By Devon Lantry
Our life is incredible. We live in a place where equal rights and personal freedoms are more widespread than in almost any other place in the world. Our society is based around every person’s equal entitlement to life, liberty and pursuit of happiness, creating communities that foster the realization of individual potential.
But it hasn’t always been that way. Throughout U.S. history, Americans have fought brutally and sacrificed their lives to extend the American dream to more people. The next fight for equality in our story is for homosexual, transgender and queer Americans. The most important cornerstone of this fight is the struggle to legalize gay marriage.
If legalized, gay marriage would grant same-sex partners equal hospital visitation rights, job benefits, inheritance rights, tax treatment by the government, and more rights. Even state sanctioned gay marriage still excludes over 1,150 federal rights given to straight married couples. Read more »
Photo: Dyanna via Flickr
By Omry Shemesh
Many of you have probably seen Jews with tattoos and wondered, “Hey, isn’t that against Jewish law?”
Like every other Jewish debate, there are different ways to interpret it. The only clear text that is strongly reminiscent of tattoos is Leviticus 19:28 – “Do not cut your bodies for the dead or put tattoo marks on yourselves. I am the Lord.” Read more »
By Max Brother
Americancensorship.org Infographic (click the image to see full version)
A contentious new bill is under debate in Congress. The bill, called the Stop Online Piracy Act (SOPA), threatens to enable the U.S. government and the entertainment industry to control the World Wide Web, similar to government-imposed Internet restrictions in countries such as China, Iran and Syria.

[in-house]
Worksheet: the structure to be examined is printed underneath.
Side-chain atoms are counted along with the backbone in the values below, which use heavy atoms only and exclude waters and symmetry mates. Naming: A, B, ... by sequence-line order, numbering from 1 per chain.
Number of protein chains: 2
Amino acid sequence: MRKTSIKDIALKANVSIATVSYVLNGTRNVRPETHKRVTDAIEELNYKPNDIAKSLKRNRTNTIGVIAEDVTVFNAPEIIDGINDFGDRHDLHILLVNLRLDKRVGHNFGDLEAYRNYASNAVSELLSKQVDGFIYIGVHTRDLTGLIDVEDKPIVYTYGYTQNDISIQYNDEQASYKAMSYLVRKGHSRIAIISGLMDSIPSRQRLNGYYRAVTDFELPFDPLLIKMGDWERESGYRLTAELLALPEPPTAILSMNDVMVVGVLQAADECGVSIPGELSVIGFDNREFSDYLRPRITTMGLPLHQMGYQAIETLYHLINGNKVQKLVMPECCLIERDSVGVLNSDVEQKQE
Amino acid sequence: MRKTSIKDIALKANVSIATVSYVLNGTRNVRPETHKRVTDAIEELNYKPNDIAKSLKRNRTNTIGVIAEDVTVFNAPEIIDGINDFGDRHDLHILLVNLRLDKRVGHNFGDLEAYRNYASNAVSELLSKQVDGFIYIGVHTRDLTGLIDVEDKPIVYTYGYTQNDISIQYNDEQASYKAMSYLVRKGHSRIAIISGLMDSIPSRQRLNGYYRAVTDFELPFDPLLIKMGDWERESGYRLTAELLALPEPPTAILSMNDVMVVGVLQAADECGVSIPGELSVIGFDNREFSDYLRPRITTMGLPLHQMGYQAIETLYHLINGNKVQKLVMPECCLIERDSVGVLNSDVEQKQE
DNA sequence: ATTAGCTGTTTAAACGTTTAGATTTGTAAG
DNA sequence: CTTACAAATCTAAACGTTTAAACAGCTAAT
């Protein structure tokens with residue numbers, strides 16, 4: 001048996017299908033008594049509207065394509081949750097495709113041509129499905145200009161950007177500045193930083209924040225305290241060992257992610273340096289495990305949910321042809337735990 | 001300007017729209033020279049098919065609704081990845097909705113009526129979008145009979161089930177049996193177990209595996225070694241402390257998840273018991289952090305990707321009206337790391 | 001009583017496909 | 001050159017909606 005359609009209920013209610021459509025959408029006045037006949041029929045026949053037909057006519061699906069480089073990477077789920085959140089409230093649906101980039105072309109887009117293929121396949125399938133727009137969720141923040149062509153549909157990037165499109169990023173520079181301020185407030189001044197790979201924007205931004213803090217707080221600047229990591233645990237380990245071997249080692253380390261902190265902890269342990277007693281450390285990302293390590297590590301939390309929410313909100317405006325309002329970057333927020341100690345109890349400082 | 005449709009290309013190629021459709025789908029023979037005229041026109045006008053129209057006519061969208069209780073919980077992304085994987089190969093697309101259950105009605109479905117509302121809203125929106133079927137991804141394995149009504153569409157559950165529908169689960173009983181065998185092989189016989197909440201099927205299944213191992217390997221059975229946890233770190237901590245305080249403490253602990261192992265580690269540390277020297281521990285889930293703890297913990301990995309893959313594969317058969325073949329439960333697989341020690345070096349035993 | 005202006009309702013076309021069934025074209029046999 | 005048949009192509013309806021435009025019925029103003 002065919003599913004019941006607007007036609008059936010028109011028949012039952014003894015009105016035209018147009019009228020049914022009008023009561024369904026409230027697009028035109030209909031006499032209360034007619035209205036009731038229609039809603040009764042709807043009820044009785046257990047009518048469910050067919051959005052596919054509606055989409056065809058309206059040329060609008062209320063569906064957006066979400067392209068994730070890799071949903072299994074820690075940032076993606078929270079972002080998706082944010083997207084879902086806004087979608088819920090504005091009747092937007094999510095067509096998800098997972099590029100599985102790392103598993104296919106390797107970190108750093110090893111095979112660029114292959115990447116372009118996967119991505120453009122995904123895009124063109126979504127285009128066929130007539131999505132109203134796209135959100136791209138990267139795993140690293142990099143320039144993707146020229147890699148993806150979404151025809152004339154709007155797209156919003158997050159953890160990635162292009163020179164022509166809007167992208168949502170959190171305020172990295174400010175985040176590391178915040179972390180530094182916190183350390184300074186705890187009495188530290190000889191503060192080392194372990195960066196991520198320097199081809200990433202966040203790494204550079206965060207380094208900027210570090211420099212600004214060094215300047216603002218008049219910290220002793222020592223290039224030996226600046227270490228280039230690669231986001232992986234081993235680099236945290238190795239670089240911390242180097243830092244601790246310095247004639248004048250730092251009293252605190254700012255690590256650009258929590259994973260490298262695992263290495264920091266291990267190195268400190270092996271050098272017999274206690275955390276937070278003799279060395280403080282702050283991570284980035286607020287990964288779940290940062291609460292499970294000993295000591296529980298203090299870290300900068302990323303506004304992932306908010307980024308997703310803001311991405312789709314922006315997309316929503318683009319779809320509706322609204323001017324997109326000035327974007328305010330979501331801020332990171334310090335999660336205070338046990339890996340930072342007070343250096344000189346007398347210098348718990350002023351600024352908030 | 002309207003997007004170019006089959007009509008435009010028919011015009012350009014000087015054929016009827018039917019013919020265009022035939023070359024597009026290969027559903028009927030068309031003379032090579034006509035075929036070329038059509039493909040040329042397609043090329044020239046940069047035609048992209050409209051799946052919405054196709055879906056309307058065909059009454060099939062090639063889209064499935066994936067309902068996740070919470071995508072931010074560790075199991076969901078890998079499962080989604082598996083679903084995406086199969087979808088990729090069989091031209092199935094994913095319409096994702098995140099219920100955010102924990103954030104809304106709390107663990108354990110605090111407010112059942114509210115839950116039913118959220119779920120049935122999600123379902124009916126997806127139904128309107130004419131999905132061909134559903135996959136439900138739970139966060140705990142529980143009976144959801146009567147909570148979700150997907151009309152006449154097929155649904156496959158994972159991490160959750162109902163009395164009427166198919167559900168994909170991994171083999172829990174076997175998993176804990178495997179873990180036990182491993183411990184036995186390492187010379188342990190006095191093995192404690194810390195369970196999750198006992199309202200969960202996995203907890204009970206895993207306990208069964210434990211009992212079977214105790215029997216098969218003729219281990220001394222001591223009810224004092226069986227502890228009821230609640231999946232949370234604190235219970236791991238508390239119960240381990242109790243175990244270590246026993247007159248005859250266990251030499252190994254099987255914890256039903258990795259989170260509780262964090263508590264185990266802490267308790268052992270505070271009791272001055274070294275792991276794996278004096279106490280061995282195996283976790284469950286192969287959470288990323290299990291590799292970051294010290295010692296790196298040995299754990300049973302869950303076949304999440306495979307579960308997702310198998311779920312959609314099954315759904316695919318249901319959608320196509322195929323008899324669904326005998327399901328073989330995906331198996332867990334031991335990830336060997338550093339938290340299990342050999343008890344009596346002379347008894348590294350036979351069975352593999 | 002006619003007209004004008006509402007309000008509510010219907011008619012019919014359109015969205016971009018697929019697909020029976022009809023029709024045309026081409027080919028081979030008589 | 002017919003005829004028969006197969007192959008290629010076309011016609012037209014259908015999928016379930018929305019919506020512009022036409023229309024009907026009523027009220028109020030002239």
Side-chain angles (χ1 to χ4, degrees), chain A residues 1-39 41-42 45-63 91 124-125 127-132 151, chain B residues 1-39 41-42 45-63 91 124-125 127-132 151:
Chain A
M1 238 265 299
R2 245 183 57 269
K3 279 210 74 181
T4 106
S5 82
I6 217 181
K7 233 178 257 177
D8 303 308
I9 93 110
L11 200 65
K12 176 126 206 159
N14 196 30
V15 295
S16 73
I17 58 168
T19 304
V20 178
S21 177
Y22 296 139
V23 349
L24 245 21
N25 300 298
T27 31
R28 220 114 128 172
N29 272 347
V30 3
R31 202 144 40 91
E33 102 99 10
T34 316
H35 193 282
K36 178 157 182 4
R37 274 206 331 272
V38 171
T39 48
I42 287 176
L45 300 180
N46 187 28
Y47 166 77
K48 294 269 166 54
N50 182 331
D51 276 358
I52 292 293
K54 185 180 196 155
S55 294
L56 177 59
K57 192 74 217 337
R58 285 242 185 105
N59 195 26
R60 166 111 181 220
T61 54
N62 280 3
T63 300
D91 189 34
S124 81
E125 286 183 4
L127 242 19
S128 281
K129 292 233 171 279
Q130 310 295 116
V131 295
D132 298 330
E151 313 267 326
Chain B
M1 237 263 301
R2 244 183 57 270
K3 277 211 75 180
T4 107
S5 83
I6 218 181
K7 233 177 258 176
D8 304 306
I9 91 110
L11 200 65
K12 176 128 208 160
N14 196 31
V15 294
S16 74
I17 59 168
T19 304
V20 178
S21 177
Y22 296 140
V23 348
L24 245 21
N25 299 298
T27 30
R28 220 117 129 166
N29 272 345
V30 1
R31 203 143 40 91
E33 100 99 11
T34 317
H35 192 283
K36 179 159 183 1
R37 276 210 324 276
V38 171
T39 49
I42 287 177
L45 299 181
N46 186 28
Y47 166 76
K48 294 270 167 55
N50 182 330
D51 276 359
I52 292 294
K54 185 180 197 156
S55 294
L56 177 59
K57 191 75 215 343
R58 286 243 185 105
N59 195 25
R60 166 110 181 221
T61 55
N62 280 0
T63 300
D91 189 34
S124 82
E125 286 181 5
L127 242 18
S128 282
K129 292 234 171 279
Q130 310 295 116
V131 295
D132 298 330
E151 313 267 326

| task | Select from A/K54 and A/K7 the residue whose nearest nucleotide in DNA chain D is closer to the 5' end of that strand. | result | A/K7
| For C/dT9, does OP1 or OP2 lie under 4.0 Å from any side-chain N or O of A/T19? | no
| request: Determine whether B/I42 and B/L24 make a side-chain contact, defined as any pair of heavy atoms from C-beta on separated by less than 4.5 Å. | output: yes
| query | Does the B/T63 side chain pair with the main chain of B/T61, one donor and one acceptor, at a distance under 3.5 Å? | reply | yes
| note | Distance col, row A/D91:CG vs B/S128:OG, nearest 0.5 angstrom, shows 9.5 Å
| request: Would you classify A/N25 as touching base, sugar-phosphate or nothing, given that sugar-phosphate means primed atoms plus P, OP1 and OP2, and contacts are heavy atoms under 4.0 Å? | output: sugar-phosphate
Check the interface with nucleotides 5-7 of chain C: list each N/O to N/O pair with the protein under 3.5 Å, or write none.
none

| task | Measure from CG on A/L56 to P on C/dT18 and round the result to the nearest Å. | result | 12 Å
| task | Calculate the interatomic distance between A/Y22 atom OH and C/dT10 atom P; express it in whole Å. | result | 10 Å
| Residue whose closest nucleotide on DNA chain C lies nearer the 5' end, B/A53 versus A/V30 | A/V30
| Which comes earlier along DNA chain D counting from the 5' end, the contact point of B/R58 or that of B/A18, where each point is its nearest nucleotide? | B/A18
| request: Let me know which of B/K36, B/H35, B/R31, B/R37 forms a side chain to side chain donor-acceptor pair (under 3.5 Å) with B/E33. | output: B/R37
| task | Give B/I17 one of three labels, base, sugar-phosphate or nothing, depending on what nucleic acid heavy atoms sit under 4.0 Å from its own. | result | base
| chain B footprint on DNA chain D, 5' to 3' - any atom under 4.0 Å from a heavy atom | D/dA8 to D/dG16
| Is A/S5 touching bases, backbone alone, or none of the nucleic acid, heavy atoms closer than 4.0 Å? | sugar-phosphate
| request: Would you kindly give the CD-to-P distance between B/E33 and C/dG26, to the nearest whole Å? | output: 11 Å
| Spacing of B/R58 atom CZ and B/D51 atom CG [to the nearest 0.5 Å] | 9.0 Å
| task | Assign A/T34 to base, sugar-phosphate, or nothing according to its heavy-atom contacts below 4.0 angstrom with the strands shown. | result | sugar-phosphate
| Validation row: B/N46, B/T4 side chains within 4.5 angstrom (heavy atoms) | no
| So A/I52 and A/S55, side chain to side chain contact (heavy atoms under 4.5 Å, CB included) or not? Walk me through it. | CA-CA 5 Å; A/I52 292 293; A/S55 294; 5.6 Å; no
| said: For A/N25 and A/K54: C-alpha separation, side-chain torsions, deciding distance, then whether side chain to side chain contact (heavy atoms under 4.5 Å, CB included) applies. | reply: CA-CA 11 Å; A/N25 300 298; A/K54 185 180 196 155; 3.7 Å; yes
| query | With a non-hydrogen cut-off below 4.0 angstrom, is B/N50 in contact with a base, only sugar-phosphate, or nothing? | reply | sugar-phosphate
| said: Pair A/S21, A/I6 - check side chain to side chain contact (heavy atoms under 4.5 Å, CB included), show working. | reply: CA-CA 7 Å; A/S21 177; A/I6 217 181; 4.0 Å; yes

As stated in the preamble of the bill itself, SOPA intends to “promote prosperity, creativity, entrepreneurship, and innovation by combating the theft of U.S. property, and for other purposes.” Read more »
It was the best of phones, it was the worst of phones: on Oct. 4, Apple announced the newest generation of iPhone, which was met with great disappointment from its fans.
Rumors have been flying around the Internet regarding this year’s iPhone since the announcement of the iPhone 4 last year. Speculations spanned everything from a slimmer phone, a return to the aluminum back, a unibody akin to the MacBook Pros and even the announcement of an iPhone mini. Read more »
This semester, Shana Weitzen, the “Gadget Girl,” investigates consumer technology.
Our intrepid reporter in action.
Lately there has been a lot of talk about creating environmentally friendly modes of transportation—hybrid cars, electric cars, less polluting trains and more. However there is one way to get around that bears more investigation: the Segway, a two-wheeled, electric-powered “mobility device” that hit the market in 2001. The Segway never caught on in a big way—actually it’s banned in New York and San Francisco—but could it work in LA? With this in mind, I tried one out.
Segway employee, Tresa Hill, explained the ins-and-outs of the Segway and let me cruise around for a while. The mobility device feels like a motorized razor scooter that your body controls. When I leaned to the right, for example, the Segway followed my motion. I didn’t expect to have so much fun on a vehicle I didn’t need to exert much effort in controlling. We were next to the Santa Monica Pier soaking up the sun without breaking a sweat.
But is Segway possible as an everyday vehicle? Read more »